This is not unique, as the biblical chroniclers had the same attitude - hence their descriptions of Ahab and his son.


William Hyde
Quadibloc
2019-08-05 03:41:40 UTC
Permalink
Post by Kevrob
Southern sympathizers after the US Civil War were influential
historians,
At some point in this discussion, but for other reasons, I was going to refer to
this, by noting... history may not always be written by the victors, but it
certainly is always written by the survivors.

John Savard
Ted Nolan <tednolan>
2019-08-05 04:13:14 UTC
Permalink
Post by Quadibloc
Post by Kevrob
Southern sympathizers after the US Civil War were influential
historians,
At some point in this discussion, but for other reasons, I was going to refer to
this, by noting... history may not always be written by the victors, but it
certainly is always written by the survivors.
John Savard
Hmm.

Anne Frank comes to mind.
--
------
columbiaclosings.com
What's not in Columbia anymore..
Kevrob
2019-08-05 12:08:09 UTC
Permalink
Post by Ted Nolan <tednolan>
Post by Quadibloc
Post by Kevrob
Southern sympathizers after the US Civil War were influential
historians,
At some point in this discussion, but for other reasons, I was going to refer to
this, by noting... history may not always be written by the victors, but it
certainly is always written by the survivors.
John Savard
Hmm.
Anne Frank comes to mind.
Diaries aren't "history," they are, at best, "primary sources."
Now, the editing of those diaries....

Kevin R
David Johnston
2019-08-05 18:13:33 UTC
Permalink
Post by J. Clarke
Post by Quadibloc
Post by J. Clarke
If the Germans had won it wouldn't have been murder. It is murder
because the victors declared it to be so.
No. That is positively absurd. It was deliberate and intentional killing which was
also wrong and unjust. That is the meaning of the word "murder".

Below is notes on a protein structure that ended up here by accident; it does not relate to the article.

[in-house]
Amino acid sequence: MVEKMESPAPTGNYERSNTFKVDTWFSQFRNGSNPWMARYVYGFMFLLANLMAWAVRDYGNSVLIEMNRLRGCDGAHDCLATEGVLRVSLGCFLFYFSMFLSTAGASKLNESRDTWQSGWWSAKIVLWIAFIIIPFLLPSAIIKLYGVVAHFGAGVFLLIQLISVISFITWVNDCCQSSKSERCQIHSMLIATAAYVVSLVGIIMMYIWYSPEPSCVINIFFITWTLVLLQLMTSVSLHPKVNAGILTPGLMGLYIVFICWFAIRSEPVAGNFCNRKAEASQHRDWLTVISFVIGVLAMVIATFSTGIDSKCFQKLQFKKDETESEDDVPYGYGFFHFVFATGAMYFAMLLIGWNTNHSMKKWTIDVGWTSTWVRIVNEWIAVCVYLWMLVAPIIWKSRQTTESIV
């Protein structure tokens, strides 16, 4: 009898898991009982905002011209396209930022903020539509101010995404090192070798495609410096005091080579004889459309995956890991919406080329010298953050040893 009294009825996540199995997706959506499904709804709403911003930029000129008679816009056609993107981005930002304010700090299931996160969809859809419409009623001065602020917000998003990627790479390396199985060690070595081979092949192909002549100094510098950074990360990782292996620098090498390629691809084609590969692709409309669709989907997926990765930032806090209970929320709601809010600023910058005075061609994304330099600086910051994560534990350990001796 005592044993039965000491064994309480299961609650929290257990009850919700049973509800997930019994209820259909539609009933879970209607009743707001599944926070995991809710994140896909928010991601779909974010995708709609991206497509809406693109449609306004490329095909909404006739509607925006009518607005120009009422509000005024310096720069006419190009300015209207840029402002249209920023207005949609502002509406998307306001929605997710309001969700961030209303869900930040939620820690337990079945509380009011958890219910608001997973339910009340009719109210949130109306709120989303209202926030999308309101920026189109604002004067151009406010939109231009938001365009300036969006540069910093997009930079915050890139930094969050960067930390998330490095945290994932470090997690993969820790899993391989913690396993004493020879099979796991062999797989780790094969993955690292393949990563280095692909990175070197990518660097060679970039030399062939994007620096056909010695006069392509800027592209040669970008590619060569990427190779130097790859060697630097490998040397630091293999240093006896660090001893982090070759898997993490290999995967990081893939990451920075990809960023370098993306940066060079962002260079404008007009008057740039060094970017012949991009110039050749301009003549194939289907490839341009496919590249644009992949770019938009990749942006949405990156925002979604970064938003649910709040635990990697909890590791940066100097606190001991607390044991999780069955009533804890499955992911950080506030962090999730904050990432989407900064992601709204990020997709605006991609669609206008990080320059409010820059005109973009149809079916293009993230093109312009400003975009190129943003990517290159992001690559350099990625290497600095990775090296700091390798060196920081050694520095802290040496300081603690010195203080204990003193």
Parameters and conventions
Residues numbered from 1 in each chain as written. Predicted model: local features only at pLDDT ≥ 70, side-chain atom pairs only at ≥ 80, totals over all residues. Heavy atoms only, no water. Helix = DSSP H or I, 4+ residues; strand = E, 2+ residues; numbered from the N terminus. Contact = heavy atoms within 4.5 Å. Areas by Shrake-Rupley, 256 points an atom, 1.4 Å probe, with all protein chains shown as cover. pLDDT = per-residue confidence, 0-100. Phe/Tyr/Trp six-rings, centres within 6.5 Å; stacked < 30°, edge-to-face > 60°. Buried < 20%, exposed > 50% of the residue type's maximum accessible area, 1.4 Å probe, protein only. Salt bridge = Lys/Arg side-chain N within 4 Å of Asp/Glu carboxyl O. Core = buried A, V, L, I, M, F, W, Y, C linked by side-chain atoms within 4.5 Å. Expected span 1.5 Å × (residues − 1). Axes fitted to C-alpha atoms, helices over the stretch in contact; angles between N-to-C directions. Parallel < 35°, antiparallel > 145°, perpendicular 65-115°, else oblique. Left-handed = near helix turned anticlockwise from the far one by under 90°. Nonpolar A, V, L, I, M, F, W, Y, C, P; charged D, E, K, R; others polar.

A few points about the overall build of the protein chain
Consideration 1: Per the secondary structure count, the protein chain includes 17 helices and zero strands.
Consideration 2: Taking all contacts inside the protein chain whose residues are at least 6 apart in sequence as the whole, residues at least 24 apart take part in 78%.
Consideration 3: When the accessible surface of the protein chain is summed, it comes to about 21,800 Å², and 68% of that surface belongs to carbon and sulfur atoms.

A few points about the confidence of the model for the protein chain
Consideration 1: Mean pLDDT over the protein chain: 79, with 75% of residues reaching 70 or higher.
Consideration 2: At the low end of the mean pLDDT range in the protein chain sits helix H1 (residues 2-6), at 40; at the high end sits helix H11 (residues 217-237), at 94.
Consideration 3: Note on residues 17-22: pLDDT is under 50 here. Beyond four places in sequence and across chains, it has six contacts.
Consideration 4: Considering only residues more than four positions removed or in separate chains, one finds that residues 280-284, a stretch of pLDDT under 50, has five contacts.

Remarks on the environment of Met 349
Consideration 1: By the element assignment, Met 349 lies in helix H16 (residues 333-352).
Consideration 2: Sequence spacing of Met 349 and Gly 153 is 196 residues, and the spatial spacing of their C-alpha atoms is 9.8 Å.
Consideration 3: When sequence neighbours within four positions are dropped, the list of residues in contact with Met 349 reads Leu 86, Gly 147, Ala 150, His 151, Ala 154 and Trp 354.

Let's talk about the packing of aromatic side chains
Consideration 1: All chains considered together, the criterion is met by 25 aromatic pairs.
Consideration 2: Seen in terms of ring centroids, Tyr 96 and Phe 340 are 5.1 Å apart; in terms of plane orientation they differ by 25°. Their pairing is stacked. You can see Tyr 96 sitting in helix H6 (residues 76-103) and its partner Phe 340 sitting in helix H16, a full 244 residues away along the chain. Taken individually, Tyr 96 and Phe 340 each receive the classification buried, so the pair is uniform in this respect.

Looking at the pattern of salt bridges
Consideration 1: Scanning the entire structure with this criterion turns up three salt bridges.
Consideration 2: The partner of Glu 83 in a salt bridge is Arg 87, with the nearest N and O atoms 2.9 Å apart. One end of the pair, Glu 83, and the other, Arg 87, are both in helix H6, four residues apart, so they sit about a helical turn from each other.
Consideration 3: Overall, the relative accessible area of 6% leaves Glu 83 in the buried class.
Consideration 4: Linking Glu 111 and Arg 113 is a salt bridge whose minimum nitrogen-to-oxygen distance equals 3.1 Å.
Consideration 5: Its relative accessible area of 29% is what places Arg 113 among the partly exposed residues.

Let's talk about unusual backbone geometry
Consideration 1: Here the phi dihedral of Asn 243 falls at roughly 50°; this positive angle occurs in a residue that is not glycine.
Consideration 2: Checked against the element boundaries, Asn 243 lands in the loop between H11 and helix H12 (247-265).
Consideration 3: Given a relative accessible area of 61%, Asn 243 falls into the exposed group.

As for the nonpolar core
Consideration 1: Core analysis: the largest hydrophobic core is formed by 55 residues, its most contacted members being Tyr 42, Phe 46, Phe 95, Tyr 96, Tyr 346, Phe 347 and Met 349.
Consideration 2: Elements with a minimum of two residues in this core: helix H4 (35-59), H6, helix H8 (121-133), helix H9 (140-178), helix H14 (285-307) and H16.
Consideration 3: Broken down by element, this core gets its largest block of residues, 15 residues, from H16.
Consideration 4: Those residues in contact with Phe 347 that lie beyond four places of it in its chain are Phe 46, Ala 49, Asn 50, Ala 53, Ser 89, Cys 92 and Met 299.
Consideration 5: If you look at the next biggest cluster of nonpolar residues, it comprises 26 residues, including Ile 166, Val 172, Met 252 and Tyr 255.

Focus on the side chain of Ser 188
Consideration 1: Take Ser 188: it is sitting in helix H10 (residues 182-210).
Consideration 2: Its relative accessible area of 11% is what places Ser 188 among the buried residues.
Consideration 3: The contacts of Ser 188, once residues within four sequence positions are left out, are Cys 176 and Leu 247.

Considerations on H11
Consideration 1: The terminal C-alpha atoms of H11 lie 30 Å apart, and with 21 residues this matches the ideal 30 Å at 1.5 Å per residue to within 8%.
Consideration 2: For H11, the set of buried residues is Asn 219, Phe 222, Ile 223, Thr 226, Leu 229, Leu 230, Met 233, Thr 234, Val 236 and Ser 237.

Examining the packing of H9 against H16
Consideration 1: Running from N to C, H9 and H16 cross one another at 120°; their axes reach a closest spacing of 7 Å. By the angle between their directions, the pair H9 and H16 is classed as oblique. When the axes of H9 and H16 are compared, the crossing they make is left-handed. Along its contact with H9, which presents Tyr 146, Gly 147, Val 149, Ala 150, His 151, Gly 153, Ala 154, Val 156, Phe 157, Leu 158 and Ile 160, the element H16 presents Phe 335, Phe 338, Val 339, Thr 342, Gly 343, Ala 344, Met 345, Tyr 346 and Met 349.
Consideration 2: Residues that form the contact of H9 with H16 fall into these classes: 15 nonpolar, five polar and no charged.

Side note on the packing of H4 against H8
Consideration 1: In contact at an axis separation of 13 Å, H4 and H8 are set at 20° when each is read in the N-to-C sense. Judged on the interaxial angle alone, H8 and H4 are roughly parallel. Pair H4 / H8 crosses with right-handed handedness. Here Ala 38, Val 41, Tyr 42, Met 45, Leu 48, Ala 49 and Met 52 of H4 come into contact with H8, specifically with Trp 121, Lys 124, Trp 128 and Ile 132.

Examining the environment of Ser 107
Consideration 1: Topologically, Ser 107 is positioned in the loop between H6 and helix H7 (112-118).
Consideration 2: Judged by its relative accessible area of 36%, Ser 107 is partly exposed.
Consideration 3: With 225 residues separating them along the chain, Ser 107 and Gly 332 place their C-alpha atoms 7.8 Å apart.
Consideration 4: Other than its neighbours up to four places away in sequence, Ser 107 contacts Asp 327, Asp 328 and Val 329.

Murder is also against the law, like stealing is.
You don't seem to grasp that the victor defines the history.
I've got a hundred years of post American Civil War history that says
otherwise.
Quadibloc
2019-08-05 18:50:15 UTC
Permalink
Post by David Johnston
I've got a hundred years of post American Civil War history that says
otherwise.
Of course, what J. Clarke is arguing implies that if the South _had_ won the
Civil War, then slavery would be right and just - and everyone would see that,
and the only people who opposed it would in fact be morally perverse.

This is not something that the Lost Cause disproves. Its disproof would seem to
be more obvious, and to come from another quarter.

John Savard
J. Clarke
2019-08-05 22:59:35 UTC
Permalink
Post by Quadibloc
Post by David Johnston
I've got a hundred years of post American Civil War history that says
otherwise.
Of course, what J. Clarke is arguing implies that if the South _had_ won the
Civil War, then slavery would be right and just - and everyone would see that,
and the only people who opposed it would in fact be morally perverse.
This is not something that the Lost Cause disproves. Its disproof would seem to
be more obvious, and to come from another quarter.
That is, perhaps, how it would be percieved, but perhaps not. Came
upon an interesting bit of Civil War trivia the other day--Jefferson
Davis' brother ran his plantation as a commune with the slaves having
a vote. After the Civil War it continued to operate in that manner
until the Mississippi River took exception to it and flooded it out.
Post by Quadibloc
John Savard
David Johnston
2019-08-07 00:30:58 UTC
Permalink
Post by Quadibloc
Post by David Johnston
I've got a hundred years of post American Civil War history that says
otherwise.
Of course, what J. Clarke is arguing implies that if the South _had_ won the
Civil War, then slavery would be right and just -
Not really. Because slavery isn't defined as "Work that Quadibloc
doesn't approve of".
Peter Trei
2019-08-05 01:47:44 UTC
Permalink
Post by Quadibloc
Post by J. Clarke
If the Germans had won it wouldn't have been murder. It is murder
because the victors declared it to be so.
No. That is positively absurd. It was deliberate and intentional killing which was
also wrong and unjust. That is the meaning of the word "murder".
So, every soldier who killed someone on the other side is a murderer?

pt
Juho Julkunen
2019-08-05 02:19:14 UTC
Permalink
Post by Peter Trei
Post by Quadibloc
Post by J. Clarke
If the Germans had won it wouldn't have been murder. It is murder
because the victors declared it to be so.